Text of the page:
Creative Lives — Photographer Suki Dhanda: “It’s a continuous journey; there is no fixed path”

Posted 10 April 2018 Interview by Indi Davies

Having worked as a photographer for just under twenty years, Suki Dhanda has shot some of the biggest names in contemporary culture – from the former prime minister to Stormzy. Growing up in Slough, she admits that there wasn’t a great deal of support for her choice of career, “Photography wasn’t seen as a great profession in the British Asian community at that time... But it made me even more determined to succeed.” Through years of assisting other photographers and portfolio building, Suki grew a long-running relationship with The Guardian and The Observer, for whom she now shoots the majority of her commercial work. We gain invaluable insights from her years behind the lens, from keeping a negotiating hat on for usage and copyright to getting your work seen as early as possible.

Suki Dhanda

Job Title

Photographer

Based

London

Previous Employment

Photographer’s Assistant

Education

BA Photography, Plymouth College of Art & Design (1988–1991)

Clients

Guardian Media Group, The Guardian, The Observer, Bauer Media, Bloomberg, Browns Design, Esterson Associates, Harrods, Hearst Publishing, Hiscox, Penguin, The Telegraph, Victoria Miro

Website
Social Media

Suki Dhanda

Day-to-Day

How would you describe what you do? 
I take pictures – mainly of people – but I wouldn’t label myself a portrait photographer in the traditional sense. Ideally I like photographing people in their environment. 

What does a typical shoot day look like?
It could be all day in a studio – with hair, make-up and a stylist – out on location in the middle of a forest, or on a rooftop. Often if I’m sent out to shoot at a hotel where the subject is staying, with only a 20-minute shoot time, I’m normally expected to have two set-ups, with one being a cover option. Although these shoots are time-limited, they have often produced really good results; it’s so intense but everybody just gets on with it, there’s no wasted time. 

What tools do you use for your work?
I use a Hasselblad H2 with a Phase One P21 back. I bought the Hasselblad when I moved to digital; it was a big investment but it’s really paid off. It definitely makes a difference to have a top-of-the-range camera, and I do feel people take notice of the tools you use. For my personal projects, I have been using a Mamiya 6 – an analogue, medium format range-finder camera.

I think it’s important to invest in your equipment, at least to have the basics; a couple of lights, a camera, and a spare body in case of break downs. (I always have a Nikon DSLR in the kit). 

“[Short shoots] often produce really good images; it’s so intense but everybody just gets on with it, there’s no wasted time.”

Greta Gerwig cover for The Observer (2018)

What skills have you picked up along the way? 
In order to keep my business going I really need to keep in check with the finances. I’ll spend a couple of days a month just working on my paperwork and invoicing.   

I’m definitely not big on promoting myself, but I do try, and I still wish I could get better and more confident with it. Some people are much more savvy! Social media has definitely helped me to get my work out to a wider audience, especially Instagram. It keeps people in the industry up-to-date, and I can be really particular about what images I want to show.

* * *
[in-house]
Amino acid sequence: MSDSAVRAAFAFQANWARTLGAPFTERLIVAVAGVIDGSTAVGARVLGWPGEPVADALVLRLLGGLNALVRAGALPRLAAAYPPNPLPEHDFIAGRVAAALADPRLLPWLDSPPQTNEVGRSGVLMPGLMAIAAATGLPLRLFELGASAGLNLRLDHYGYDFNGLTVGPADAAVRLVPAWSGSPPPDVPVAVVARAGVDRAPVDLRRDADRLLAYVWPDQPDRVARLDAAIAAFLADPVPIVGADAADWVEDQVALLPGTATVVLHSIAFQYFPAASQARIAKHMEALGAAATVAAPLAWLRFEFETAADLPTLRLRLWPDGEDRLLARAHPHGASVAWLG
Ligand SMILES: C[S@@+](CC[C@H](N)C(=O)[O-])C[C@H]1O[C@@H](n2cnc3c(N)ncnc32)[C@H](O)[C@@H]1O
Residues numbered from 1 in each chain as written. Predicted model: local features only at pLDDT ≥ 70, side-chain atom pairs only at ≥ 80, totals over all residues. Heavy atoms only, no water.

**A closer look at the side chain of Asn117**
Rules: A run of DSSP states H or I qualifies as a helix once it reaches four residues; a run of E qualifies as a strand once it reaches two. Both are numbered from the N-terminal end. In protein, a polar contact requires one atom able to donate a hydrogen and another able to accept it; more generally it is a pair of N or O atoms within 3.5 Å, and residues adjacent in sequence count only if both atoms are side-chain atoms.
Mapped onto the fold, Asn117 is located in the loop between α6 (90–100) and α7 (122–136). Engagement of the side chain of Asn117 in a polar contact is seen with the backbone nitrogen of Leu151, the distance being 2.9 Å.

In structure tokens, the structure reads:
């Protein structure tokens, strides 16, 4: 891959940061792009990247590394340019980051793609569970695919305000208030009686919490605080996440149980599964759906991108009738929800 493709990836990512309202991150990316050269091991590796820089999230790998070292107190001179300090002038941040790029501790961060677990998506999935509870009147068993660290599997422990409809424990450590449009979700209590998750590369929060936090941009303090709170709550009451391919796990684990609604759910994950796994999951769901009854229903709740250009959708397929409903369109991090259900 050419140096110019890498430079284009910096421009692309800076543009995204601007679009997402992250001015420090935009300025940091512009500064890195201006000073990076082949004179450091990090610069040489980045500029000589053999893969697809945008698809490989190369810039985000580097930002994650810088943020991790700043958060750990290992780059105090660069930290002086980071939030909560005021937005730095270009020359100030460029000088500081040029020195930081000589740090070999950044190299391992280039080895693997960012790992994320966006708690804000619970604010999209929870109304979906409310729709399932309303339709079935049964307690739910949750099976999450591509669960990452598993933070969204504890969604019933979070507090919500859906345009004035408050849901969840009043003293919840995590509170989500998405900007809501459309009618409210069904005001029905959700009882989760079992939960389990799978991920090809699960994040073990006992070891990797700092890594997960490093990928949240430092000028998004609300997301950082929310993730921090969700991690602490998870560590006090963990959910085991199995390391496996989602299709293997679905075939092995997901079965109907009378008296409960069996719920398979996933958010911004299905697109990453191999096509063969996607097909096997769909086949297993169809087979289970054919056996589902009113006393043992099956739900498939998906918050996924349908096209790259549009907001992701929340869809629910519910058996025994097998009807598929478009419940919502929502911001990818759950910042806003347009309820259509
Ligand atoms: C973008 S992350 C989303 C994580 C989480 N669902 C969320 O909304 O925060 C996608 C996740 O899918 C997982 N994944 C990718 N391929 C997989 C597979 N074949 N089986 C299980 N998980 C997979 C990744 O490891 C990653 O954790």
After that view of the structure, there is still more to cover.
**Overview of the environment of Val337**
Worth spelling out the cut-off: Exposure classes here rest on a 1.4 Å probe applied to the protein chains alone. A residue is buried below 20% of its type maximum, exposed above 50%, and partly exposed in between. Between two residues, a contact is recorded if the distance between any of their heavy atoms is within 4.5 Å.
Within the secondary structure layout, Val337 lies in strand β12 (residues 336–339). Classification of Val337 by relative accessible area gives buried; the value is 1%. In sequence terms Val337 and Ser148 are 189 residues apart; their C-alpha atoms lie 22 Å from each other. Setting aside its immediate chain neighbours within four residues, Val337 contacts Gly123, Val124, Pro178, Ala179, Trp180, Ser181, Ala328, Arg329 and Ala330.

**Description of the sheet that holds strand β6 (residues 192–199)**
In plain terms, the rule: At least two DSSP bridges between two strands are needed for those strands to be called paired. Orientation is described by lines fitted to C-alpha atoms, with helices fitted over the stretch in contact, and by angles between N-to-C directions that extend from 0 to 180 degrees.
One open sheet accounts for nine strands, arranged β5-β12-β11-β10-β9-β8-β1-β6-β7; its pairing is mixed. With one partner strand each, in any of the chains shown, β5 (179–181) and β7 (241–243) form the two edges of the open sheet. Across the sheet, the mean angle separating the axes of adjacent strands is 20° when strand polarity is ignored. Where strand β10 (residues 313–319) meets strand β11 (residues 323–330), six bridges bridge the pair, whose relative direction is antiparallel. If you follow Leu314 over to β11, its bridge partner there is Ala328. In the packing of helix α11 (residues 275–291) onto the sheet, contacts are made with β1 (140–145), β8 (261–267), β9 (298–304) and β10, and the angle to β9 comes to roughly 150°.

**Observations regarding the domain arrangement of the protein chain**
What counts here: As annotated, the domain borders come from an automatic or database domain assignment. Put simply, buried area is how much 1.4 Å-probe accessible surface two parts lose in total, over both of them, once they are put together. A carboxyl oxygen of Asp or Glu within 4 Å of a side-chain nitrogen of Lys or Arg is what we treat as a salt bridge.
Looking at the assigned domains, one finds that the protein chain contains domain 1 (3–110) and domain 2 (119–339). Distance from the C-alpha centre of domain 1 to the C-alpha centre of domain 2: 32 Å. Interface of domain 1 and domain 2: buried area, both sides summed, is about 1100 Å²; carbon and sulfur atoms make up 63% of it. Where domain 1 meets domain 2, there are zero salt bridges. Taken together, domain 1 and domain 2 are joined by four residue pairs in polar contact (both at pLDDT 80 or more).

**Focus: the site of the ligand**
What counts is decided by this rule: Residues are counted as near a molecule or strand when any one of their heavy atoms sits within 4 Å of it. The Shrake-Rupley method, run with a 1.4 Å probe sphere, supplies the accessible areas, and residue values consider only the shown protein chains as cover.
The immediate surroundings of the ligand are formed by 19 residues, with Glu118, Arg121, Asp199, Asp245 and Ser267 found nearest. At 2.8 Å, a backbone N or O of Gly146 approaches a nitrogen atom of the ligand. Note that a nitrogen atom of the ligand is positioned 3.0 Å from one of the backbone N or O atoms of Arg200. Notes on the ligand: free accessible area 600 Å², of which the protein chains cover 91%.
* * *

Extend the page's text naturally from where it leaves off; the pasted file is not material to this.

How do you set about getting the best out of a portrait commission?
To be honest, you don’t always know what to expect, each situation varies, but it’s important to be prepared. Before a shoot I tend to research the subject and think about how I would light them.  

I do a lot of work for The New Review (The Observer) capturing artists, actors or directors. As I have said, many of the jobs I work on are in hotels, so I tend to ask for an hour to set up. I might take a backdrop as the rooms can be boring or cluttered – you have to find a new angle each time. That means thinking ahead, you always need some kind of plan, especially when you’re restricted with location and time.

Samantha Morton for The Observer (2002); Grayson Perry for Guardian Weekend Magazine (2012)

My approach is still definitely not loud and in-your-face, it’s more subtle. But it’s important that I have control of the shoot without effecting the dynamic between the subject and myself. I find myself being more assertive particularly when shooting powerful people – especially men! 

I’ve come across a lot of people, regardless of how well-know they are, who feel uncomfortable in front of the camera. It’s my job to make them feel at ease, and empathy plays a big part in that. If the subject is apprehensive and I’m shooting digitally, we might even sit together and go through the edit as it helps to put them at ease.

‘Irene’, personal work (2003)

What did you want to be growing up?
I was brought up in a Punjabi family in Slough, creativity was definitely not encouraged in my house! I don’t know why, but I really loved sketching, and used to draw my family all the time. As a child, I even wanted to be a fashion designer.  

I knew I wanted to pursue something in the arts. It was only when I took up photography as one of my O-Level [GCSE] subjects that I finally knew that this was it. Once I picked up the camera I just never looked back.  From there I went to Plymouth Art College to study photography. I wanted to leave home, and get as far away from Slough as possible! I had an amazing time there, and made lifelong friendships with other women who have also become established photographers. I think a big part of growing up is having that freedom to express yourself, and in time the art will grow.